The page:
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By default, everyone has an estate plan. Government has defined rules on how your assets will be distributed after your death. If you die without a will, you have an intestate will, will created by the state.
As with many things in life, it seems like estate planning can wait until the next day. It is pretty obvious that no one in clear senses plans for his/her death. Or it may be the expense that’s keeping you at bay. Possibility that you just have no idea about the legal process your family might have to go through after your death for the possession of the assets and wealth you have left for them. Your estate plan can save them all that time and money.
Your estate planning allows you to decide how your assets will be distributed and can help your family avoid the hassling probate process, estate taxes, and long legal battles that can rip a family apart.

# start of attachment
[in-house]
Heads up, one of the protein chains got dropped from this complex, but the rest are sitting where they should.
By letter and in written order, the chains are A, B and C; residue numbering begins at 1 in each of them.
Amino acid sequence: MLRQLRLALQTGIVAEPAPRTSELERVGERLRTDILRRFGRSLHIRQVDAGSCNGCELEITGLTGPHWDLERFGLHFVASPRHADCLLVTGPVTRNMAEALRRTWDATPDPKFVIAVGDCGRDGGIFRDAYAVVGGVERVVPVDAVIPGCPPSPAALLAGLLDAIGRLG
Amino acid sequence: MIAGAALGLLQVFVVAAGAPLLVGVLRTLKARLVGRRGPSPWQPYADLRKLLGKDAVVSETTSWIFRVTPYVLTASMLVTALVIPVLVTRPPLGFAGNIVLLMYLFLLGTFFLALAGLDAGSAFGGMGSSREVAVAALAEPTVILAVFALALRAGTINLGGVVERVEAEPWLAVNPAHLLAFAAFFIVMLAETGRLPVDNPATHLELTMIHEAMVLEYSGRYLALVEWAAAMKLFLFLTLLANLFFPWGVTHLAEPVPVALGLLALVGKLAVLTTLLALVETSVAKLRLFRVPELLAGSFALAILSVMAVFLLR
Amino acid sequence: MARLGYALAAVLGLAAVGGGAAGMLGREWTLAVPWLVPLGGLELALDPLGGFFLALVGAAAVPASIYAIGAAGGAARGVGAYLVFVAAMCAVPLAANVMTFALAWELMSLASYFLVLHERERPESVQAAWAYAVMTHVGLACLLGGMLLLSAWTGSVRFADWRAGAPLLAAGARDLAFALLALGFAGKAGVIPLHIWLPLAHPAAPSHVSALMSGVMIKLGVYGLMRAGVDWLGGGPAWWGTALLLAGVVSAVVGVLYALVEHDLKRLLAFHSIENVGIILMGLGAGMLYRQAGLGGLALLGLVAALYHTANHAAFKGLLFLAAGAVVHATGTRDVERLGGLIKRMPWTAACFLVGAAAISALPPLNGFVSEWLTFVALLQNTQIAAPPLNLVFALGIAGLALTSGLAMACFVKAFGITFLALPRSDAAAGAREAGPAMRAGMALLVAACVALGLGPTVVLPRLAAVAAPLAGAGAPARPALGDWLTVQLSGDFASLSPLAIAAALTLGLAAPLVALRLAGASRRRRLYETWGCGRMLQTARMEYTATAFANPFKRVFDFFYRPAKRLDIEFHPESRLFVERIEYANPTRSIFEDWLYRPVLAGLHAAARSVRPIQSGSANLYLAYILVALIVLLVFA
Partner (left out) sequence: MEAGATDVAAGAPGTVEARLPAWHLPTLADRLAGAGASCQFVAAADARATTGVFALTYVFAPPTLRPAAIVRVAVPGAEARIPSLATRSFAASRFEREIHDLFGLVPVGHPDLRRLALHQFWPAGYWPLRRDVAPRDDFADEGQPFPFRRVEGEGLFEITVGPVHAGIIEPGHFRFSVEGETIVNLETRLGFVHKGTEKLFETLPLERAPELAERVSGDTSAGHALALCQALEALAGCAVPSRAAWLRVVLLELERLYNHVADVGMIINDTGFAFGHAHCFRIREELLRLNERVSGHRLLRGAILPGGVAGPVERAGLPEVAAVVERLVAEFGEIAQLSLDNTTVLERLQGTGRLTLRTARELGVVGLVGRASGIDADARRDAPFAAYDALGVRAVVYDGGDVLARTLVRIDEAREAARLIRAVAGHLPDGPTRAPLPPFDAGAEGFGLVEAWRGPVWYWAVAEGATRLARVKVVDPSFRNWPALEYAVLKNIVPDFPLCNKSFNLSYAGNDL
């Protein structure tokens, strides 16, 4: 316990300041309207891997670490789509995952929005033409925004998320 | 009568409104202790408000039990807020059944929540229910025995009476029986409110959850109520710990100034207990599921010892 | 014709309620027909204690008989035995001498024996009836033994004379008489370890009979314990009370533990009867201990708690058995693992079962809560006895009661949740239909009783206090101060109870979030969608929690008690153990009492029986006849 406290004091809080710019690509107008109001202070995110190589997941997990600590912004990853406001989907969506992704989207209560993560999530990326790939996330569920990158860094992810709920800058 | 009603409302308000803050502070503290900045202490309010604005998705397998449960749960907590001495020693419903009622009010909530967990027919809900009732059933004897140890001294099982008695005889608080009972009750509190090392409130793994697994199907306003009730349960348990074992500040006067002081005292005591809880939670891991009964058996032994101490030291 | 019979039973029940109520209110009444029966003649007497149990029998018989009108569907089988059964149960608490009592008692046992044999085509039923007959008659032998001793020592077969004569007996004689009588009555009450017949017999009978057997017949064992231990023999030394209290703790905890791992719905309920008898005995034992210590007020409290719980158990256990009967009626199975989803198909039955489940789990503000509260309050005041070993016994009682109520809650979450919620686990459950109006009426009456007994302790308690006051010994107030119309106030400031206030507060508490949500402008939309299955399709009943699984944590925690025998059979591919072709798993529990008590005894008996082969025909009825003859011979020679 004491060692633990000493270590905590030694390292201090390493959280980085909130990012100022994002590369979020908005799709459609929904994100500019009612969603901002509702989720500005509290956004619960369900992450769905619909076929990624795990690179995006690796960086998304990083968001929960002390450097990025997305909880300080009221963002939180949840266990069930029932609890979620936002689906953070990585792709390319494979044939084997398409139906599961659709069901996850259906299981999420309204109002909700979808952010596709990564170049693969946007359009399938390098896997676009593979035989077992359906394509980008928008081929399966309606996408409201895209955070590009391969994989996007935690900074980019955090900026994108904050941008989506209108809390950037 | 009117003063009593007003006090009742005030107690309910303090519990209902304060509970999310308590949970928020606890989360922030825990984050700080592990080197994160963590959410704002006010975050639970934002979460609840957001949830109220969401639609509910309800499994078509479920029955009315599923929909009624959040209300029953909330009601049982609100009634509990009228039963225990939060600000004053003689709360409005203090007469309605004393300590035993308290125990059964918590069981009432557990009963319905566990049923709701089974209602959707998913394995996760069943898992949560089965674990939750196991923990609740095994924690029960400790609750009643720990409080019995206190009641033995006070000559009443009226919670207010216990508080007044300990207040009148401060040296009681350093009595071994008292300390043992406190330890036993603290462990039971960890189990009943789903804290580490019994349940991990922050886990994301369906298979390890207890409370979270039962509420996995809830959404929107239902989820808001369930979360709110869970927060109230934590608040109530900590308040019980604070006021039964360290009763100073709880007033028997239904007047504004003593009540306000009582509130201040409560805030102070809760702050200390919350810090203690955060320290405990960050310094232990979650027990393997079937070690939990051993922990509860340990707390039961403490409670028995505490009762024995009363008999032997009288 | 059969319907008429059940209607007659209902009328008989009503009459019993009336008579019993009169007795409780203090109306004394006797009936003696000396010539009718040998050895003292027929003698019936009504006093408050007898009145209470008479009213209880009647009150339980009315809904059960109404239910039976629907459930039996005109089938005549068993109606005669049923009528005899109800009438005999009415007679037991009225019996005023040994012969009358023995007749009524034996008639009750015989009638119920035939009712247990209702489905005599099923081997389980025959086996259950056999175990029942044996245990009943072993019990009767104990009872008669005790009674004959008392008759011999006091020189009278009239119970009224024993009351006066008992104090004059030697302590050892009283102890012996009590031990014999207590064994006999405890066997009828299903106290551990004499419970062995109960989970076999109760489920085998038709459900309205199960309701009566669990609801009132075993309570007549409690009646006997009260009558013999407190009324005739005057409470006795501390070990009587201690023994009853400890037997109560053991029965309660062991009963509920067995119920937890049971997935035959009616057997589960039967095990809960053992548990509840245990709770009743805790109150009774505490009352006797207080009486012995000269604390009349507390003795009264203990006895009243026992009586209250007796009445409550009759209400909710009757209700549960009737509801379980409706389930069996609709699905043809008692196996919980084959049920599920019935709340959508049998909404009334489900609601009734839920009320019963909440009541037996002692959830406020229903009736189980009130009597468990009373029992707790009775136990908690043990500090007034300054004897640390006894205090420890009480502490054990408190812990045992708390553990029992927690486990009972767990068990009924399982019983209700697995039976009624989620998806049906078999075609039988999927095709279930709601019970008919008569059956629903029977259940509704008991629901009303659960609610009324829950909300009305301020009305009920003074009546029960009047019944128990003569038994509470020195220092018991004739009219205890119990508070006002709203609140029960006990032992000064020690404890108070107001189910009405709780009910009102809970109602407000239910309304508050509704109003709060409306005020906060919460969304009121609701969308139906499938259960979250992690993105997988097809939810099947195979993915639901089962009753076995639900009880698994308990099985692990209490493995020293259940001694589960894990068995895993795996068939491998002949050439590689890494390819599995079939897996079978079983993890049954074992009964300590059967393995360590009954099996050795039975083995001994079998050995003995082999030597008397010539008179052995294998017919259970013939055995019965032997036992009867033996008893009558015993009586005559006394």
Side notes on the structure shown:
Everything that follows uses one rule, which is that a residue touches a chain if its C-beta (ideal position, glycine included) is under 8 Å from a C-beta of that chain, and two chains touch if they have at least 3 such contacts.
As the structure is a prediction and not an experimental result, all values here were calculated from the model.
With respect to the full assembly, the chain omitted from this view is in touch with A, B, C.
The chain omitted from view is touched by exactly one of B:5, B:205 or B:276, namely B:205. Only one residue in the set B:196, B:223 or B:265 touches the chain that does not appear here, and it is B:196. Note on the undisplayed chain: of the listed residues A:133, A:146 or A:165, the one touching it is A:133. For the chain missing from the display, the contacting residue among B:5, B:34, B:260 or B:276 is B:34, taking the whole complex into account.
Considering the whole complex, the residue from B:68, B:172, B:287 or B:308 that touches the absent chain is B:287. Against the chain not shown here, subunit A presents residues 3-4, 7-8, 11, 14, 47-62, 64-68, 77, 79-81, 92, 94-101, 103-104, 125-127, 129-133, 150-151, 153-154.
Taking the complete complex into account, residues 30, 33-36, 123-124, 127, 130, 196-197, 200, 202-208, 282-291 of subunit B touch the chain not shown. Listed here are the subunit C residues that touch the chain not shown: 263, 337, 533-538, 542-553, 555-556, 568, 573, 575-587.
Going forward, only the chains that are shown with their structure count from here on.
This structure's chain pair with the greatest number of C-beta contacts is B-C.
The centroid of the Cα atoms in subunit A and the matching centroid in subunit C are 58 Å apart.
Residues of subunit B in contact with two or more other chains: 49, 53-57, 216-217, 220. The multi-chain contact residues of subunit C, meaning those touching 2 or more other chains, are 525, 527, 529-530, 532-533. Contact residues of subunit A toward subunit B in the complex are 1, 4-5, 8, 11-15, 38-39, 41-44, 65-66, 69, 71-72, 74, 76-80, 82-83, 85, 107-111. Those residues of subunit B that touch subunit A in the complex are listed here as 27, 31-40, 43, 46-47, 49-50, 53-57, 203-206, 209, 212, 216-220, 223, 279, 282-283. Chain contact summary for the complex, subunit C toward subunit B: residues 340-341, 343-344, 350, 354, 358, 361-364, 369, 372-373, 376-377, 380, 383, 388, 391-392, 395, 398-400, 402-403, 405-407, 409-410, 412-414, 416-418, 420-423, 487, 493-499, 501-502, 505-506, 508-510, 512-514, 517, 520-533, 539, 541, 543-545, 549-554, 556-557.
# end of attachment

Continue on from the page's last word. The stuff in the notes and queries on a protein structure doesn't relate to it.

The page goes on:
A will provides for the distribution of property owned by you at the time of your death in any manner you choose. Your will cannot, however, govern the disposition of properties that is beyond your sole authority like joint property, life insurance, retirement plans and employee death benefits, unless, of course if they are payable to your estate.
Wills can be of different types used as according to your need. There are simple will, testamentary trust will, pour over will, which have different degree of complexity and can be utilized to achieve a wide range of family and tax objectives. Whatever may be the definition of different types of wills, you are in sole control over how and to what scale you want the distribution of your assets. This is the picture you draw in your life time what you want for your family after your life. The purpose of the trust arrangement (as opposed to outright distribution) is also to ensure continued property management and creditor protection for the surviving family members, to provide for charities, and to minimize taxes.
Besides providing intended disposition of your property to spouse, children etc., your will can accomplish many other important objectives.Estate Planning: The Need by Harrison Barnes
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